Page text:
3 minutes | 8 days ago
Not Just Water
Scripture Reading: Mark 6:45-50 “Take courage! It is I. Don’t be afraid.” Mark 6:50 After Jesus fed the huge crowd of thousands of people (Mark 6:30-44), he sent his disciples ahead of him in their boat to the next lakeside town. Later, in the deep of night, they were straining to make headway against a strong wind. Jesus had gone to a quiet place to pray, and then, just before dawn, “he went out to them, walking on the lake.” Now, to our way of thinking, it’s utterly amazing that Jesus would walk on water. But there is lot more going on here. In the minds of ancient peoples, he was walking on the fearful, untamable, uncontrollable, deadly sea. So he wasn’t just walking on water; he was trampling on chaos! Seeing their great trouble in the darkest part of the night (just before dawn) and on the deepest part of the lake (the middle), Jesus goes out to his followers, and they are terrified. But look at what happens: with great care he encourages and assures them not to be afraid. He is with them. And when he gets into the boat, all is calm. I can identify with the disciples. I sometimes struggle with believing God’s care and power are for me. But Jesus doesn’t reject his tired, confused, and fearful disciples. Instead, he helps them to believe! Even through the dark and from a great distance and despite our fear, Jesus comes to us and invites us to trust in him. Jesus, you are Lord over all that is dark and fearful and chaotic. Help me to take courage, for you come to me in my distress. With you, I need not be afraid. Amen.
3 minutes | 9 days ago
The Good Shepherd
Scripture Reading: Mark 6:30-44 “They all ate and were satisfied.” Mark 6:42 Sometimes it can be hard to know what we really need. On a windy beach, as a man tries to start his campfire, he may think he just needs more matches. But what he really needs is someone to help block the wind. The crowd that followed Jesus was full of people who wanted healing and people who were thrilled and amazed to see his miracles, but Jesus saw that they really needed to be taught many things. Jesus’ disciples, his closest followers, wanted to know how they could find food for the crowd, but Jesus saw that they really needed to understand that he was the good shepherd who provides. The disciples were distressed over how to feed the crowd, but they might have noticed that Jesus, like a good shepherd, had compassion because the huge crowd was like sheep without a shepherd. So in that quiet, remote place he had them all sit down on the green grass in order to be restored. If you read Psalm 23, you will see a picture like this one, with Jesus taking care of all these people like a shepherd tending his flock. And even if the disciples didn’t fully see what he was doing at the time, that’s what he did. Thank the Lord that he looks after us as the shepherd who knows what his sheep really need. Lord Jesus, help me to know what I really need. Thank you for always caring for me. Help me to rest in you and not stress out; help me to trust that all things are already in your hands. Amen.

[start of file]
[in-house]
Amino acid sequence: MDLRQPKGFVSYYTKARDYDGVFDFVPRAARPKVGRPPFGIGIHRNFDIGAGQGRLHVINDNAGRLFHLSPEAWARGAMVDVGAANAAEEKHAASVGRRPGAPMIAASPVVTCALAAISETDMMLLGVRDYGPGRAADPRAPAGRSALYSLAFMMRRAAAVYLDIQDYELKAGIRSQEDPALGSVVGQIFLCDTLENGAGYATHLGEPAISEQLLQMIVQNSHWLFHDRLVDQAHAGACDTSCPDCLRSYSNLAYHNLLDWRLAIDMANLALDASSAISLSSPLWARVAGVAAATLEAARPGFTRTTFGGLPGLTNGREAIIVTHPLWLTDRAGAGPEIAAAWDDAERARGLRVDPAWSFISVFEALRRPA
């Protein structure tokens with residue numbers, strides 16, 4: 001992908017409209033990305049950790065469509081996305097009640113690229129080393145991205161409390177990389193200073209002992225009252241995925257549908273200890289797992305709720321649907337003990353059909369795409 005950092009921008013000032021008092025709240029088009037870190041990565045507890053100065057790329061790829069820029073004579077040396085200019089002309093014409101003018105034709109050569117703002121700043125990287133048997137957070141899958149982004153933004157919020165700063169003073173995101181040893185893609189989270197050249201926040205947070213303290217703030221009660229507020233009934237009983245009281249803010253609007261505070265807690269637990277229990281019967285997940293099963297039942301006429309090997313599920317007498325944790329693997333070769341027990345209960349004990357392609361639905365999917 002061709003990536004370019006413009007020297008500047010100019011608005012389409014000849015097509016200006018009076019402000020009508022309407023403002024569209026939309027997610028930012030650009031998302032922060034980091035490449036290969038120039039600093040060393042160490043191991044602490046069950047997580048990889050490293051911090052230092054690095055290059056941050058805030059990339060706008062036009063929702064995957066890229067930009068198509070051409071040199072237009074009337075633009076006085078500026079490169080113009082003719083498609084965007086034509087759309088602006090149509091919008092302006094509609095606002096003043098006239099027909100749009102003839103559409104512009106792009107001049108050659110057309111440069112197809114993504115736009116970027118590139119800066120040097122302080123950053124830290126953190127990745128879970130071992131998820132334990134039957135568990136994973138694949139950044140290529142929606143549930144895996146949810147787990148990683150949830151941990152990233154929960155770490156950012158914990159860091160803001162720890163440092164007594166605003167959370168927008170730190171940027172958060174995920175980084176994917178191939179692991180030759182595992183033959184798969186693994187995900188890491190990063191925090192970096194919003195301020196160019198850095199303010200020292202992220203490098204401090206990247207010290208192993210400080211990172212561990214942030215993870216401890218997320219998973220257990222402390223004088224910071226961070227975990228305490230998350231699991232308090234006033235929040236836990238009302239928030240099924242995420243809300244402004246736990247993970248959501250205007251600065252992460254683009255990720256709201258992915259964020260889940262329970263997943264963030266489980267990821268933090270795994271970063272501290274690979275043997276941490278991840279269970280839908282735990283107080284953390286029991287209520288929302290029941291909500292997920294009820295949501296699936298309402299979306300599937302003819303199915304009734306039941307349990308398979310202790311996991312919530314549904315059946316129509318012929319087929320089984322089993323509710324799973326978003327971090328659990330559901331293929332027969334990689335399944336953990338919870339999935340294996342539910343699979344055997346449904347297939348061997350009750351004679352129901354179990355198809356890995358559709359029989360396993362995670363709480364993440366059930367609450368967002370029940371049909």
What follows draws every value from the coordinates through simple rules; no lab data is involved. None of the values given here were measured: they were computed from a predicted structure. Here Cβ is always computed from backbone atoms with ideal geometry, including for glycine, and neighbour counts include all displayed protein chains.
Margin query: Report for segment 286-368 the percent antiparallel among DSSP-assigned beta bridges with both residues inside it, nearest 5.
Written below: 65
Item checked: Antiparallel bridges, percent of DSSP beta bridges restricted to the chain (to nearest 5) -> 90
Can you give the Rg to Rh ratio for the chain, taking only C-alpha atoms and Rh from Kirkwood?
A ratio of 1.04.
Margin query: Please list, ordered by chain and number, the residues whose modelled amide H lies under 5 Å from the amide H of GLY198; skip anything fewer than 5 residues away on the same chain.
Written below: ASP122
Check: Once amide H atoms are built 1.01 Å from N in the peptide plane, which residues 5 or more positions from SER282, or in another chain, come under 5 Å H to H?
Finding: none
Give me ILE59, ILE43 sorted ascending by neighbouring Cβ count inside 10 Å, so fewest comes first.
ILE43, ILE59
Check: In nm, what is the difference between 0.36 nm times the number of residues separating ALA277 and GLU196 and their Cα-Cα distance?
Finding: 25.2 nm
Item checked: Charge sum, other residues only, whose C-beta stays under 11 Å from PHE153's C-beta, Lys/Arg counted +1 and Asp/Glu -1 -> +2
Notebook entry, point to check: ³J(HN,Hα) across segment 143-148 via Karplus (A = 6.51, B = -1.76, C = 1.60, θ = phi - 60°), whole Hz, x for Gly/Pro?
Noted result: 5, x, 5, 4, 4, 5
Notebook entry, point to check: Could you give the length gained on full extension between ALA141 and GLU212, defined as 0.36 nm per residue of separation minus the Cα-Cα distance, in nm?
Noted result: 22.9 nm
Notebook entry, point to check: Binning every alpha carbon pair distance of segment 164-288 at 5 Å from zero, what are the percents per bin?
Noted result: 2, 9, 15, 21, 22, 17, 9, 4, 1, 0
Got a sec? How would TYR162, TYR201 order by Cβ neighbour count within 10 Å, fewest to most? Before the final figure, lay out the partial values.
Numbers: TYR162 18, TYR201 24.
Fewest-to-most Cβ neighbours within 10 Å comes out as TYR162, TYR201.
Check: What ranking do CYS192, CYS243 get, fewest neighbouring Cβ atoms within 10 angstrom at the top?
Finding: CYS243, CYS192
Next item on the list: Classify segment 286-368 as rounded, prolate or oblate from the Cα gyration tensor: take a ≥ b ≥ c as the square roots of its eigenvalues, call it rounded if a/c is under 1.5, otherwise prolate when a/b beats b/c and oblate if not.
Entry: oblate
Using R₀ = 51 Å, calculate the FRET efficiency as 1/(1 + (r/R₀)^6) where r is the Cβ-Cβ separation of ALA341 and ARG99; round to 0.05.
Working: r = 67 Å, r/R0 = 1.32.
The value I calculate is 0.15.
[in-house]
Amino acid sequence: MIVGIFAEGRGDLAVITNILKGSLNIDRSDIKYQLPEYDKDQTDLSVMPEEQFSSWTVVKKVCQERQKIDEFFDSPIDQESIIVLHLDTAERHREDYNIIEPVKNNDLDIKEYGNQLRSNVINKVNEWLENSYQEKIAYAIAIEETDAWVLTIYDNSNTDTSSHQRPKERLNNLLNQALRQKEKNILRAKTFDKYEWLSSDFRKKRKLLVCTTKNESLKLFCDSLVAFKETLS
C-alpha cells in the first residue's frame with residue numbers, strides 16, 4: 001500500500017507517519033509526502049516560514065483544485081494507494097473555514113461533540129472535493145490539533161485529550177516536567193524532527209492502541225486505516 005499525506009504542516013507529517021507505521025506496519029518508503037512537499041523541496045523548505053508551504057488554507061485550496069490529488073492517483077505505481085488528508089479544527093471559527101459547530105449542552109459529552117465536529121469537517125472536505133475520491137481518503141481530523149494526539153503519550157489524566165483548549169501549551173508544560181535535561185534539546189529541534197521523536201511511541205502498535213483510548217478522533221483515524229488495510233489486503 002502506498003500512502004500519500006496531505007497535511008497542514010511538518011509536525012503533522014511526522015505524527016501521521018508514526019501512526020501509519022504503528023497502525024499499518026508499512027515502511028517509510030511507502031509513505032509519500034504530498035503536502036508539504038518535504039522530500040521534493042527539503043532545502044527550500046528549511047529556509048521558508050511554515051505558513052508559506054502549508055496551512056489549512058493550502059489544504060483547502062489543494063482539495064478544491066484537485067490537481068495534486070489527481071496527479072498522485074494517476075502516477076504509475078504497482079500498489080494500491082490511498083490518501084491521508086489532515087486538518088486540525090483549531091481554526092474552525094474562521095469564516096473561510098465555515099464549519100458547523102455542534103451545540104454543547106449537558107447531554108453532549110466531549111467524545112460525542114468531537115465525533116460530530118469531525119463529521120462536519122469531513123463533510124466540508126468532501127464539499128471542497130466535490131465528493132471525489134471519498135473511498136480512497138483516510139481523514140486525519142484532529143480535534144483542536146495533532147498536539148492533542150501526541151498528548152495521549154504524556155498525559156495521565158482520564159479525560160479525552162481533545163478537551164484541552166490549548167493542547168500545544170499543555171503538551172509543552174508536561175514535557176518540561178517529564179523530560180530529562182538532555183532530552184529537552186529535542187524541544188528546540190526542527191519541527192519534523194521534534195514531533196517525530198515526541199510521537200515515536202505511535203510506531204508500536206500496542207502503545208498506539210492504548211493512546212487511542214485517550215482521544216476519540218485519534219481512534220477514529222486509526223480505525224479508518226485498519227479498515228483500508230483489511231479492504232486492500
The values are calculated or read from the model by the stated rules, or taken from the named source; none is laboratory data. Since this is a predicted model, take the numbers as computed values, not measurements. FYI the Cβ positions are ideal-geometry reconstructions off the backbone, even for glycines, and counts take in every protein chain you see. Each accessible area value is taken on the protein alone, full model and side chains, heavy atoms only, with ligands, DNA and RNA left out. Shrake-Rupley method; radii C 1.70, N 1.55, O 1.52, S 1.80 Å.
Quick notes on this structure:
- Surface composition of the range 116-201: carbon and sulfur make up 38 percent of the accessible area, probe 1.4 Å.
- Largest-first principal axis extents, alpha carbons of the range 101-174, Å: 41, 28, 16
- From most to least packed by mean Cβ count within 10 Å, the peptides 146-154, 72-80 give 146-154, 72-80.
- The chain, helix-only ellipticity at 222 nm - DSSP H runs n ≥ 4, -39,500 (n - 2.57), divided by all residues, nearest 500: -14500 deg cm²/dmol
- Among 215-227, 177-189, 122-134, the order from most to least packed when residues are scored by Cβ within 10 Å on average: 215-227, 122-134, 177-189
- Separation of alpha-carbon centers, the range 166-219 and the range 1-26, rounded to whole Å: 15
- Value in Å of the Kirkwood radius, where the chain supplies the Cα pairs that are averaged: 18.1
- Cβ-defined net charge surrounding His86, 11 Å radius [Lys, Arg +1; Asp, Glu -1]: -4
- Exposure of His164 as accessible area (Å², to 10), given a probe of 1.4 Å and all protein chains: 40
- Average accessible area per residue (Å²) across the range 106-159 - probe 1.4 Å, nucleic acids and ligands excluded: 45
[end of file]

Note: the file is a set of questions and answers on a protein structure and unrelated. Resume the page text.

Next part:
3 minutes | 10 days ago
Just Do It
Scripture Reading: Mark 6:6b-13 “He began to send them out. . . .” Mark 6:7 The disciples are still very new to their calling to follow Jesus. They have watched and listened, but they have mainly been silent, and none of them has yet confessed to believe in Jesus as the promised Messiah. Instead, they have been described as afraid and as having no faith (Mark 4:40). It would seem that their faith still has a long way to go. Nevertheless, they are given authority to preach, drive out demons, and heal people who are sick. And they did! Can you be reassured by this? It is not a perfect faith that qualifies you to testify for Jesus. It is not the strength of your power to believe that makes you a credible witness to the truth. It is not your education, training, or experience that equips you for serving him. You can do all that because of who Jesus is, not who you are. Too many of Jesus’ followers wait to serve as disciples in the mission of Jesus until they think their faith is well developed and strong. The disciples’ faith was actually quite undeveloped, and yet they served not on the strength of their faith but on the sending of Jesus. Lord Jesus, when I consider my qualifications, training, and strength of faith, I can only imagine that you don’t have much to work with. But thank you for using me for your purposes anyway! Amen.
3 minutes | 11 days ago
So Much Unbelief
Scripture Reading: Mark 6:1-6a “He was amazed at their lack of faith.” Mark 6:6a People often like stories about ordinary people becoming highly successful or even becoming royalty—like Cinderella. It’s not unusual to hope for an escape from poverty to be blessed with prosperity. But the people in Jesus’ hometown didn’t seem to think that way. They figured that because Jesus was born into a carpenter family, there was no way he could grow up to be the Messiah. So when Jesus healed the lame and the sick, when he calmed the storm and cast out demons, it was difficult for the people who knew him growing up to imagine him as anything besides a carpenter. The trouble was that these people did not accept Jesus’ amazing teachings precisely because they thought they knew him—period. What a danger it can be for any of us who may think we know everything about Jesus. If Jesus is already familiar enough to us, will we expect anything really great from him? Instead of the people being amazed by learning who Jesus was, Jesus was amazed that they had so much unbelief. Mark is suggesting that what is more amazing than faith is unbelief! Unbelief requires an exhausting amount of denial and dismissal when we are presented with all the evidence. Jesus, I can be quite resistant to being impressed. Take away my doubt, my cynicism, and my not being willing to really consider what you have done for me. Forgive my unbelief, and help me to follow you. Amen.